thus

    nevertheless

    furthermore

    for example

    on the other hand

    typically speaking

    as a result

    alternatively

    • Nevertheless, she took the bus knowing it would be late.
    • On the other hand, money is money and I have to pay my rent.
    • Rare horses, however, are something I would consider buying.

    Note: When you use a transitional word to combine two independent clauses, you must use a semicolon or punctuate them as two separate sentences.

    • Diamonds are rare; however, the coal that makes them is abundant.
    • The best dogs raced first; therefore, the spectators all went home before it rained.
    • Laughter is the best medicine; of course, penicillin also comes in handy sometimes.
    • I wanted to finish quickly. Unfortunately, I still had three exams afterward.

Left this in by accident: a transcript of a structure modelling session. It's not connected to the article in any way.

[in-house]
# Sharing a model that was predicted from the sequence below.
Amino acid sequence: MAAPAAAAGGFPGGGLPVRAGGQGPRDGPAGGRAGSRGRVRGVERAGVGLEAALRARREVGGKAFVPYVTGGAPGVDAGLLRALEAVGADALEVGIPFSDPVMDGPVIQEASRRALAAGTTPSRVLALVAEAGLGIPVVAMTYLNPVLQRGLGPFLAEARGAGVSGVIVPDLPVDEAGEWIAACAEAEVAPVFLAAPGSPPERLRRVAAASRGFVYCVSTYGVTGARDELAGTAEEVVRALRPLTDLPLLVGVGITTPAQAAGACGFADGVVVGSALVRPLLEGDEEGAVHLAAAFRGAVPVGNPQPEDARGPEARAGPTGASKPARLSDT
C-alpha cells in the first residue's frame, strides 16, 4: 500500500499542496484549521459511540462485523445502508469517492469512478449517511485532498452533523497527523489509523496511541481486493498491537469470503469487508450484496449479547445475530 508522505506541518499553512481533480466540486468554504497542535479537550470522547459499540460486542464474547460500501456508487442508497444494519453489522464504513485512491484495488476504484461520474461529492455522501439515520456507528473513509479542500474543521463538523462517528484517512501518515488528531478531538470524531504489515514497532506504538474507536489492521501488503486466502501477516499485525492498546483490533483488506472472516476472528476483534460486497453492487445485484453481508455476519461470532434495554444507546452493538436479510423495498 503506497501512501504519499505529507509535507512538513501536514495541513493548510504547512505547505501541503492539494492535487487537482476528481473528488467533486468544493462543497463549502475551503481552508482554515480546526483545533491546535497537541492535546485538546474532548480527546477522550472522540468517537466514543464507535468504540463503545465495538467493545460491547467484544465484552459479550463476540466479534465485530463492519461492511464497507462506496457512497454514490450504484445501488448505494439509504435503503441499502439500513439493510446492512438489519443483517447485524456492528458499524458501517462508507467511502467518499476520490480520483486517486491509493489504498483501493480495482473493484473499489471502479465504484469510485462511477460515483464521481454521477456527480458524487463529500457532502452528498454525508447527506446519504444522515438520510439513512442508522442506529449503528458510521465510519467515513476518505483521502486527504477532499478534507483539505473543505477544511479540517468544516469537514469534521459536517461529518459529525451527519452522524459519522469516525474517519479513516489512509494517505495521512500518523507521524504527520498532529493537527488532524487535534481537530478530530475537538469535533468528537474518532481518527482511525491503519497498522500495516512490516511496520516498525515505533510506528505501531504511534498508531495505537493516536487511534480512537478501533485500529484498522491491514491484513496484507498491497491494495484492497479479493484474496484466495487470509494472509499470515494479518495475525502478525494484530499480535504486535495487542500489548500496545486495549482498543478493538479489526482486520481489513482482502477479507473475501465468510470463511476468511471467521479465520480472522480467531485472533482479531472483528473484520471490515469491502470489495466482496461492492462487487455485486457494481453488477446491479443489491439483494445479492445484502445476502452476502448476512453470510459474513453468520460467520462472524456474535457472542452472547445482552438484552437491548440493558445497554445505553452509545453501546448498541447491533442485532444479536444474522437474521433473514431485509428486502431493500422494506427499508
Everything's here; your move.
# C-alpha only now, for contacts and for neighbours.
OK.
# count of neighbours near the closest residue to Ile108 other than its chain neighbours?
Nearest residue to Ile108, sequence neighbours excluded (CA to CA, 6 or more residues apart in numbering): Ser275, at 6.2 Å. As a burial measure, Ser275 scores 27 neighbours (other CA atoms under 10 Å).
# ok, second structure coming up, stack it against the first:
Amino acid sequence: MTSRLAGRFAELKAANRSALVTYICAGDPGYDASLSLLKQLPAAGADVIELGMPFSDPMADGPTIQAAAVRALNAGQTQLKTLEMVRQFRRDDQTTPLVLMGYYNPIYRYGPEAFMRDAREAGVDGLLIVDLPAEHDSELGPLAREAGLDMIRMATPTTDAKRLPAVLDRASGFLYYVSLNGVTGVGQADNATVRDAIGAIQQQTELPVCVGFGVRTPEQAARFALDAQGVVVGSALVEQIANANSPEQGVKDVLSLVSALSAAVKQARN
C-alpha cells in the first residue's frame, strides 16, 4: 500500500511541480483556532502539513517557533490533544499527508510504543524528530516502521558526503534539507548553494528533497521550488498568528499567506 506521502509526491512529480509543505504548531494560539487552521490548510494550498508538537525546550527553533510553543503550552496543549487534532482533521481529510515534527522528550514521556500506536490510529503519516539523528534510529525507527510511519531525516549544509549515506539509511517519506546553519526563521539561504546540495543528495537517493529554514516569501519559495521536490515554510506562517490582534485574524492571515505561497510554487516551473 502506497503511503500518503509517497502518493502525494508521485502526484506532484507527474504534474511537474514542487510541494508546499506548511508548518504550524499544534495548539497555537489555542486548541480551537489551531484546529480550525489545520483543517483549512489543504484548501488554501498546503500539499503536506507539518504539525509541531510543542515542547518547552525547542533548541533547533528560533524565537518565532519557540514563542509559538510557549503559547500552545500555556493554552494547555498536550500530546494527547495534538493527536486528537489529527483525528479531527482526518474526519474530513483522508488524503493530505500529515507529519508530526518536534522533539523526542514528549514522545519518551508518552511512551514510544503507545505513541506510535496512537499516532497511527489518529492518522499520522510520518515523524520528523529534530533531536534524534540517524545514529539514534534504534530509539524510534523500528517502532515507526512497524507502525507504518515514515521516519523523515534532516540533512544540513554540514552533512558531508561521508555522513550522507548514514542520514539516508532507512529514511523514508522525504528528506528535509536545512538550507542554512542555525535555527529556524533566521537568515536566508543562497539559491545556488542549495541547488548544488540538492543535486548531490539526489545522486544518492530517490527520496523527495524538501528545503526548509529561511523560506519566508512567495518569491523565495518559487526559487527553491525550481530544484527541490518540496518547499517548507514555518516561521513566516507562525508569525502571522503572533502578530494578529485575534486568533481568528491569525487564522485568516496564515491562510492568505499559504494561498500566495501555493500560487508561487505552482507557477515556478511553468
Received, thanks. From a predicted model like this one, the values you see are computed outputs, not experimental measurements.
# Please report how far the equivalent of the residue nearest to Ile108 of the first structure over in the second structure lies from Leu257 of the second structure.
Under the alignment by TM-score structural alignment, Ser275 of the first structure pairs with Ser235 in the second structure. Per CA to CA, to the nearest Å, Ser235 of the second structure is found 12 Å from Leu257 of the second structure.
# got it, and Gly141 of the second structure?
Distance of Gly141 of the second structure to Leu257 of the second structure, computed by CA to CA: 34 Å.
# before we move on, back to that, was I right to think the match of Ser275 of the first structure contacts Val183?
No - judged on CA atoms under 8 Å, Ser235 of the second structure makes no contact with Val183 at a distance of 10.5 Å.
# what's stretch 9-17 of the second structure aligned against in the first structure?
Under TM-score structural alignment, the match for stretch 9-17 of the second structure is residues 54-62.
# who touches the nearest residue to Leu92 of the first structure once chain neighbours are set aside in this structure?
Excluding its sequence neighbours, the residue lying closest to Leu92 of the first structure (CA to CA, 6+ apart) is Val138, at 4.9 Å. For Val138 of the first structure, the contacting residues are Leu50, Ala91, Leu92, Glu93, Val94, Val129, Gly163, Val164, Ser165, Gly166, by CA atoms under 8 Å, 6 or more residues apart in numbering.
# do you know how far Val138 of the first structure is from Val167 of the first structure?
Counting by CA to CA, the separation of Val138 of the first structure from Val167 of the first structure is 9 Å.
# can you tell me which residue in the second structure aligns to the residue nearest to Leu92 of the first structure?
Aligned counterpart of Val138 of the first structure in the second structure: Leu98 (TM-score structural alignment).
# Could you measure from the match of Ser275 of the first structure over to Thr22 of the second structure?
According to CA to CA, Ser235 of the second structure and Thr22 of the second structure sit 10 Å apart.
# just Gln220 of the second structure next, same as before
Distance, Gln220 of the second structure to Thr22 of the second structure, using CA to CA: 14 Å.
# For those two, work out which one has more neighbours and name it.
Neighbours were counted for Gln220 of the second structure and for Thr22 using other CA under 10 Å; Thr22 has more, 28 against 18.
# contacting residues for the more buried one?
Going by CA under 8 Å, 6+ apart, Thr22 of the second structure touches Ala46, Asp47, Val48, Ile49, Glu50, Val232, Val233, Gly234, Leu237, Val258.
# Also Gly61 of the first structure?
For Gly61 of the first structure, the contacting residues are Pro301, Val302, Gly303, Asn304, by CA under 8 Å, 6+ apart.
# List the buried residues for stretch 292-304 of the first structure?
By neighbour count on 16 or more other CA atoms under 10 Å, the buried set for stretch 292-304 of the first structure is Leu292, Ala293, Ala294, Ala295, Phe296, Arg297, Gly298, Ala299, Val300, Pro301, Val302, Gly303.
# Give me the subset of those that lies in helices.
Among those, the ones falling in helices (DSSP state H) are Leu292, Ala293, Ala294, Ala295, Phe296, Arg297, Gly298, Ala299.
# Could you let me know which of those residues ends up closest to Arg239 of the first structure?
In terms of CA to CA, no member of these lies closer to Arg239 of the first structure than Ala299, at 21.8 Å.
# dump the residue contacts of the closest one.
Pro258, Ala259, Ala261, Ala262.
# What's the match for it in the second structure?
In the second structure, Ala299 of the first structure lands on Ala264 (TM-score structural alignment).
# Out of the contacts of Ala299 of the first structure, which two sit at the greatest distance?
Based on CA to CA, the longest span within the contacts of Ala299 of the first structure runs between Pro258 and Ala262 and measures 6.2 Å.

Quotations

    In most cases, use commas to set off a direct quotation from the identifying tag (he said, she screamed, I wrote and so on).

    • Thoreau said, “To be awake is to be alive.”
    • “To be awake is to be alive,” Thoreau said.
    • “To be awake,” Thoreau said, “is to be alive.”
    • “To be awake is to be alive,” Thoreau said. “I have never yet met a man who was quite awake.”

    If the quoted text contains an exclamation point or a question mark, do not use a comma in addition:

    • “Should we bring the casserole tonight?” he asked.
    • “I love those children!” the father screamed.

    Adapted from:

    Owl Purdue English & The Brief Holt Handbook, Fourth Edition, Kirszner & Mandell, 2004

    Practice

    Exercise 1 – Commas – Dependent & Independent Clauses

    Add commas where necessary in the sentences below. Some sentences will not require one.

    Examples:

    Although my mother told me not to get her a gift, I decided to make her a scrapbook.

    I want to give more money to her charity, but I think the IRS already took too much of my salary.


    1. Lately Katherine has wanted more companionship even though she rather likes to be alone.
    2. Jerry vies for her attention but she has so much on her own mind as she suffers through this ordeal.